Two of the biggest announcements at this summer’s San Diego Comic-Con came courtesy of the Star Wars universe, and best-selling YA author E.K. Johnston found herself smack in the middle of ecstatic fan reaction to both of them.
One was the revelation that Johnston, or Kate to her friends (and bloggers fortunate enough to make her acquaintance), would be the author of a new book, Star Wars: Queen’s Shadow. The novel, due in March, is set after The Phantom Menace and traces the evolution of Padme Amidala from queen to senator, a prospect that delighted prequel fans who’ve been wanting more of the character.
Meanwhile, Con attendees were processing the considerable feelings triggered by the announcement that the animated Clone Wars series would return to television after an unpopular cancellation in 2014.
While Kate wasn’t directly involved with that series, she does have a special relationship to one of its most beloved characters, Ahsoka Tano, having penned a best-selling Star Wars book about Anakin’s iconic Padawan.
The author’s history with Star Wars stretches back to childhood and memories of listening to an audio version of Return of the Jedi on vinyl. Now, she’s one of the few women who is writing, and thereby shaping, George Lucas’ galaxy far, far away, and doing so by examining the inner lives of iconic women in the franchise.
She’s also the mastermind of a versatile array of award-winning novels steeped in myth, fairy tales, and steampunk, including “The Story of Owen,” “A Thousand Nights,” “Exit, Pursued By a Bear,” and “That Inevitable Victorian Thing.”
I had the pleasure of chatting with Kate about her affinity for the women of Star Wars, her collection of Star Wars merch, her newfound passion for geek fashion, her other intriguing new novel to be released next year, and everyone’s new favorite Star Wars lady, Enfys Nest (OK, so I might have begged her to tackle that subject).
The announcement of your latest project, Star Wars: Queen’s Shadow, made quite a stir at San Diego Comic-Con. What was that experience like?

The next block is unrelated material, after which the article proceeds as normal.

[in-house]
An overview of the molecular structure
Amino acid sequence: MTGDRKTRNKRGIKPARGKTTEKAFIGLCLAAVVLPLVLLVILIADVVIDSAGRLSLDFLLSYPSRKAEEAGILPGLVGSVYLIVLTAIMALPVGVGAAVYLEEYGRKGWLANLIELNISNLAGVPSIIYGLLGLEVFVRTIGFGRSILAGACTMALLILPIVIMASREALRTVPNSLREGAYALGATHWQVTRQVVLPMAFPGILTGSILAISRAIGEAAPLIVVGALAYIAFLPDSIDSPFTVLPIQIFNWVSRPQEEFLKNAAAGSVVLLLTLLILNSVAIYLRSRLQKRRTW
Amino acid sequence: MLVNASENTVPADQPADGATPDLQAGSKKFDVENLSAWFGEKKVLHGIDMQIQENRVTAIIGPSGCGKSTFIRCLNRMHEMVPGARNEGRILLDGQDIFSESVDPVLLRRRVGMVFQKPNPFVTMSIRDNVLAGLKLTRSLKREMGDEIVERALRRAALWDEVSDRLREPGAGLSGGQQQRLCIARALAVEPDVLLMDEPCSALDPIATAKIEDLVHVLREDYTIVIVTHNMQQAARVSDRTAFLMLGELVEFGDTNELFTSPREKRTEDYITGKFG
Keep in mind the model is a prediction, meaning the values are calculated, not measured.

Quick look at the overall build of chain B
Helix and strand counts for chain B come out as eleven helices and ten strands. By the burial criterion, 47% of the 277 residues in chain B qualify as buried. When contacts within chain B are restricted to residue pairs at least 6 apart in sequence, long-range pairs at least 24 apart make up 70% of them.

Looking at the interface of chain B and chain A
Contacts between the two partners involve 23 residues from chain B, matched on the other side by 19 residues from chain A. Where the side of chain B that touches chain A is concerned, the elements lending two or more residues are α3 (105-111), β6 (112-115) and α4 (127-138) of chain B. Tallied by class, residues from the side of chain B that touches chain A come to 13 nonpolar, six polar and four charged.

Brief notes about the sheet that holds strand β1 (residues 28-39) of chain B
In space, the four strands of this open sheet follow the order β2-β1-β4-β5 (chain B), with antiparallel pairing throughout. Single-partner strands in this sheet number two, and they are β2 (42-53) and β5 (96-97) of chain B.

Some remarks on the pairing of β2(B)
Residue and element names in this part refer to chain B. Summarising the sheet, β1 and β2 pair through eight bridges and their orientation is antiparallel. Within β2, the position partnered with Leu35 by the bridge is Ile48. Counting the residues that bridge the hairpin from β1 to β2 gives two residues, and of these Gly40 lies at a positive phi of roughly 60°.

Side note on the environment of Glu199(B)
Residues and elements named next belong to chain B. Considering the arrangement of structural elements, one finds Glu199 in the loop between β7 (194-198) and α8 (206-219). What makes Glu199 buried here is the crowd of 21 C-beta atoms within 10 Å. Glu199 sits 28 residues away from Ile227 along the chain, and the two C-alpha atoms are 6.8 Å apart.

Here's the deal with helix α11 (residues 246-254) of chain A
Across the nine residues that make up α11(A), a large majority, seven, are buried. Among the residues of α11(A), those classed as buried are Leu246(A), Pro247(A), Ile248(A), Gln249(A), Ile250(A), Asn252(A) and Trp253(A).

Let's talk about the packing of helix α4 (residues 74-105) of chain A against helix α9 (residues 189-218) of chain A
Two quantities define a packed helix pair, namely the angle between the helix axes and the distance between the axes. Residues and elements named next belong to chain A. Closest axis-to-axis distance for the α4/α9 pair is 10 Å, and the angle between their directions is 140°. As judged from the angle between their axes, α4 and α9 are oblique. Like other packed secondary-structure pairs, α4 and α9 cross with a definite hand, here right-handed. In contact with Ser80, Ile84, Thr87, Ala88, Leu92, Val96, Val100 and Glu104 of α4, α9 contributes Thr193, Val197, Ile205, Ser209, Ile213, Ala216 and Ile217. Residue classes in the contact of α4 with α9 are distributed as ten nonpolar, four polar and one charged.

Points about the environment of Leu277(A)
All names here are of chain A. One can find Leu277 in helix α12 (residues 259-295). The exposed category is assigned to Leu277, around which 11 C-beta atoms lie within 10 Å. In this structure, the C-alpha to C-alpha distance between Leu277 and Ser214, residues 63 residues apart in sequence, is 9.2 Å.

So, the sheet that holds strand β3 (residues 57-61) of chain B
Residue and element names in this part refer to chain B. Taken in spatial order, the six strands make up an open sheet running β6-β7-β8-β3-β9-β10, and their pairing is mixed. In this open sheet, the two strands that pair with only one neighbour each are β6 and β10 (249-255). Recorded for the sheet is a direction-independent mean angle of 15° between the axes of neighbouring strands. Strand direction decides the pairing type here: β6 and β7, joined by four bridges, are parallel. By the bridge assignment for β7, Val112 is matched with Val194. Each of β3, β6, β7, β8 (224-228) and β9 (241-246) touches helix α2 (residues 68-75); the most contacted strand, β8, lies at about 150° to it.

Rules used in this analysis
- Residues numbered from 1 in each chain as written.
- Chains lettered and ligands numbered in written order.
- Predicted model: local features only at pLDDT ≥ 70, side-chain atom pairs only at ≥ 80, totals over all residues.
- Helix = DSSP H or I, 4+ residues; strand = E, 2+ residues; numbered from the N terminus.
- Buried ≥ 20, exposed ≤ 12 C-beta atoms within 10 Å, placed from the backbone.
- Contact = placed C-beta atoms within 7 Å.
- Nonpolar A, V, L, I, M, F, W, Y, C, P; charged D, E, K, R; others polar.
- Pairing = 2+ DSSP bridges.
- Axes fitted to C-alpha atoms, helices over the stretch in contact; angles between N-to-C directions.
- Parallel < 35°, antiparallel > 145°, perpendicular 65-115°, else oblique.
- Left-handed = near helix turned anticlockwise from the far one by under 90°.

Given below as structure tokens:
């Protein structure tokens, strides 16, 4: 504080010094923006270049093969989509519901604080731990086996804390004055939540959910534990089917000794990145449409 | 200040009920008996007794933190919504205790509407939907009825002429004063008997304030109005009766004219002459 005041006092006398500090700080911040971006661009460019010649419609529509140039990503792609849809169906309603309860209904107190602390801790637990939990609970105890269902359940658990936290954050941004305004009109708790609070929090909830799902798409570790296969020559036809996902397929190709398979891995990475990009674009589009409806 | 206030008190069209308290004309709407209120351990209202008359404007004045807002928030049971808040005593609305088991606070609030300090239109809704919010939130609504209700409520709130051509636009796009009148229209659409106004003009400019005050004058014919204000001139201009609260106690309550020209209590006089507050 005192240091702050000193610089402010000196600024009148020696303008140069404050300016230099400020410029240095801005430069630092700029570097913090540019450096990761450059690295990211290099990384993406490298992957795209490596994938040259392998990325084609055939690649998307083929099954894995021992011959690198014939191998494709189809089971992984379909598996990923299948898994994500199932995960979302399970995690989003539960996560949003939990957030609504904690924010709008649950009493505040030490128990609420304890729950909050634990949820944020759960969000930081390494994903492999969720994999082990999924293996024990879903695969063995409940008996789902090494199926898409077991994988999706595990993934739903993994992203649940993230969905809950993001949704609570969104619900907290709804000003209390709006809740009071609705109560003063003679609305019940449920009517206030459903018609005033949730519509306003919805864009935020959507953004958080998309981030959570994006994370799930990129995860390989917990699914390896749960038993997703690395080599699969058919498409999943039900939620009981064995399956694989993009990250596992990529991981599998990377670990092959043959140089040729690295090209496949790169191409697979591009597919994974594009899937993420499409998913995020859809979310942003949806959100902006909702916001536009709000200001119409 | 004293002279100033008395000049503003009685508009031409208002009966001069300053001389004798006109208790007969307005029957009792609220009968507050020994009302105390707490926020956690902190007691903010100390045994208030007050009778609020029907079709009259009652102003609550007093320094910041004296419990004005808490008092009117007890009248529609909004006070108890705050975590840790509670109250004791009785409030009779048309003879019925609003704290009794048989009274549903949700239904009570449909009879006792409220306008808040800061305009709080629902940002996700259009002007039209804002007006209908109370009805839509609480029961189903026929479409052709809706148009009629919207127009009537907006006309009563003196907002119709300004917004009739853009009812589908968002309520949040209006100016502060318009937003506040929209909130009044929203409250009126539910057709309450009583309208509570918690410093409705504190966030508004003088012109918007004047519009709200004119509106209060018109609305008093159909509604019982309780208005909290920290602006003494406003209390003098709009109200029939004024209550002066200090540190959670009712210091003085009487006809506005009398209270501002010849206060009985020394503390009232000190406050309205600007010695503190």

It was so exciting. Two of my dearest friends were in the audience, and we met because of Padmé, so getting to see their faces when the cover came up on the projector was just incredible. So many fans talked to me after that panel, even if it was just really quickly as we were passing in a hallway, and everyone was so enthusiastic. I couldn’t have asked for a better response.
The novel, about Padme Amidala, will hit shelves in March. You’ve said that Padme played a major role in reigniting your passion for Star Wars after you saw The Phantom Menace at age 14. Considering that, how did you feel when you were asked to write Queen’s Shadow?
I was in Iceland at the time, and so it was quite late at night. I just remember lying on my bed in the hostel with ALL OF THE FEELS and trying to fall asleep because I had to get up early in the morning to go riding.
Tell me about your first Star Wars experience and the evolution of your relationship with George Lucas’ franchise.
My first solid memory of Star Wars is from when I was about three years old. We had a vinyl of Return of the Jedi, a book on tape sort of thing, and I would listen to it with my brother. I remember Carrie Fisher’s voice and Vader’s breathing apparatus, and it was a straight shot out from there. Since then, I’ve grown with it, in a way. And it’s been marvelous.
I was excited to learn that Queen’s Shadow will focus on Padme’s handmaidens, especially her relationship with Sabe, who was played by Keira Knightley in Phantom Menace. That’s a genius idea. How did you arrive at this approach?
I can’t imagine doing it any other way. The handmaidens are such a key part of Padmé’s story (even though they aren’t really a key part of Anakin’s, which is why we see less of them as the saga unfolds), and I wanted to keep them in the centre of it for my book.
Another major announcement at Comic-Con was the return of The Clone Wars animated series and Ahsoka Tano. What was your reaction to this news?
I was doing a signing, so I couldn’t be at the panel or on Twitter. After that, I had to run to a panel of my own. So there I was, getting ready to talk about fairy tales, and I had five minutes. I watched the trailer and burst into tears as soon as the music started. Then, for the rest of the weekend, the excitement was just so palpable. It was amazing to experience in person, and I cannot wait to see the new episodes.